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Arthritis Rheum. 2012 Jul;64(7):2201-10. doi: 10.1002/art.34403.

Dual-specificity phosphatase 1-null mice exhibit spontaneous osteolytic disease and enhanced inflammatory osteolysis in experimental arthritis.

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University of Oxford, Oxford, UK.



Bone formation and destruction are usually tightly linked; however, in disorders such as rheumatoid arthritis, periodontal disease, and osteoporosis, elevated osteoclast activity leads to bone destruction. Osteoclast formation and activation are controlled by many signaling pathways, including p38 MAPK. Dual-specificity phosphatase 1 (DUSP-1) is a factor involved in the negative regulation of p38 MAPK. The purpose of this study was to examine the effect of Dusp1 deficiency on bone destruction.


Penetrance, onset, and severity of collagen-induced arthritis were recorded in DUSP-1+/+ and DUSP-1-/- mice. Bone destruction was assessed by histologic and micro-computed tomographic examination of the joints. The in vitro formation and activation of osteoclasts from DUSP-1+/+ and DUSP-1-/- precursors were assessed in the absence or presence of tumor necrosis factor (TNF).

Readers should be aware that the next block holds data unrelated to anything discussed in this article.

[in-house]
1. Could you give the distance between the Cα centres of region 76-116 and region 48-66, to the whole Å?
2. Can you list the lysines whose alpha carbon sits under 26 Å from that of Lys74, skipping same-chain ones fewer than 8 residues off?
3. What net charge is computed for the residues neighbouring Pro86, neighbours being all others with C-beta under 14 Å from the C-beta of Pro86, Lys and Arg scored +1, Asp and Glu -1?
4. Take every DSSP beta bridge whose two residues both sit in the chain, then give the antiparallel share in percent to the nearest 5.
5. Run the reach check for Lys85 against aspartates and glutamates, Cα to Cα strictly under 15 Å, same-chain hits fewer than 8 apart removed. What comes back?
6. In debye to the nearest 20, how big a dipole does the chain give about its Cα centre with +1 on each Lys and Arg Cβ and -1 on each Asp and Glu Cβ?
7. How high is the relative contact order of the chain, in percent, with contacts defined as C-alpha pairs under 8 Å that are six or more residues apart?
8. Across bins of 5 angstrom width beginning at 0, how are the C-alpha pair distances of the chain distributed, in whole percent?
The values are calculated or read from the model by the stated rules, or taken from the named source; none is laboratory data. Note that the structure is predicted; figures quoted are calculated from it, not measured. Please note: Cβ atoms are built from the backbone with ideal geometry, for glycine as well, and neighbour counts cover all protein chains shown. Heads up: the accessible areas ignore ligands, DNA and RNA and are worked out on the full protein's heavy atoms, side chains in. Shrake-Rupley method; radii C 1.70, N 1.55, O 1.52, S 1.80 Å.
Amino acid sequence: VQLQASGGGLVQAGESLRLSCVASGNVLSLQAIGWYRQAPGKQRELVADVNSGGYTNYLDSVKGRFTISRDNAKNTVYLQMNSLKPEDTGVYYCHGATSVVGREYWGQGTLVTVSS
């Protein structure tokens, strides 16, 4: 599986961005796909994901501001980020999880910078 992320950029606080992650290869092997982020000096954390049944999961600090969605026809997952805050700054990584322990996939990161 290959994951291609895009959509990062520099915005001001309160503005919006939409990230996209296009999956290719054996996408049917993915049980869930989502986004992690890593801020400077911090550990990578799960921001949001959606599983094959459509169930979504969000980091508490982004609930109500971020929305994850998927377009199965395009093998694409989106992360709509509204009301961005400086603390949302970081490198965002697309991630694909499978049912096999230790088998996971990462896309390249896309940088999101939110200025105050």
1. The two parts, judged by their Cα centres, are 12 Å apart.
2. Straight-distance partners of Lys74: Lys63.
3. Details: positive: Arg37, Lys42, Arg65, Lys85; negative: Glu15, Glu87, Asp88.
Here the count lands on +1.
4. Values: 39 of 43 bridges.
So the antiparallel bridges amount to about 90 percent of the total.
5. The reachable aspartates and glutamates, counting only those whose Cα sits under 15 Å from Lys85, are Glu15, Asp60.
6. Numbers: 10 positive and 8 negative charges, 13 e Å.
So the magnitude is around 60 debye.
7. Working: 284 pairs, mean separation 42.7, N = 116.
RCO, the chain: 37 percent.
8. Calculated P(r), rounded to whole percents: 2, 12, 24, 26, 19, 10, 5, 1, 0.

The formation and activation of osteoclasts in vitro in the presence of TNF were enhanced by Dusp1 gene disruption. DUSP-1-/- mice exhibited higher penetrance, earlier onset, and increased severity of experimental arthritis, accompanied by greater numbers of osteoclasts in inflamed joints and more extensive loss of bone. A DUSP-1-/- mouse colony of mixed genetic background also demonstrated striking spontaneous osteolytic destruction of distal phalanges.


DUSP-1 is a critical regulator of osteoclast activity and limits bone destruction in an experimental model of rheumatoid arthritis. Defects in the expression or activity of DUSP1 in humans may correlate with a propensity to develop osteolytic lesions in arthritis.

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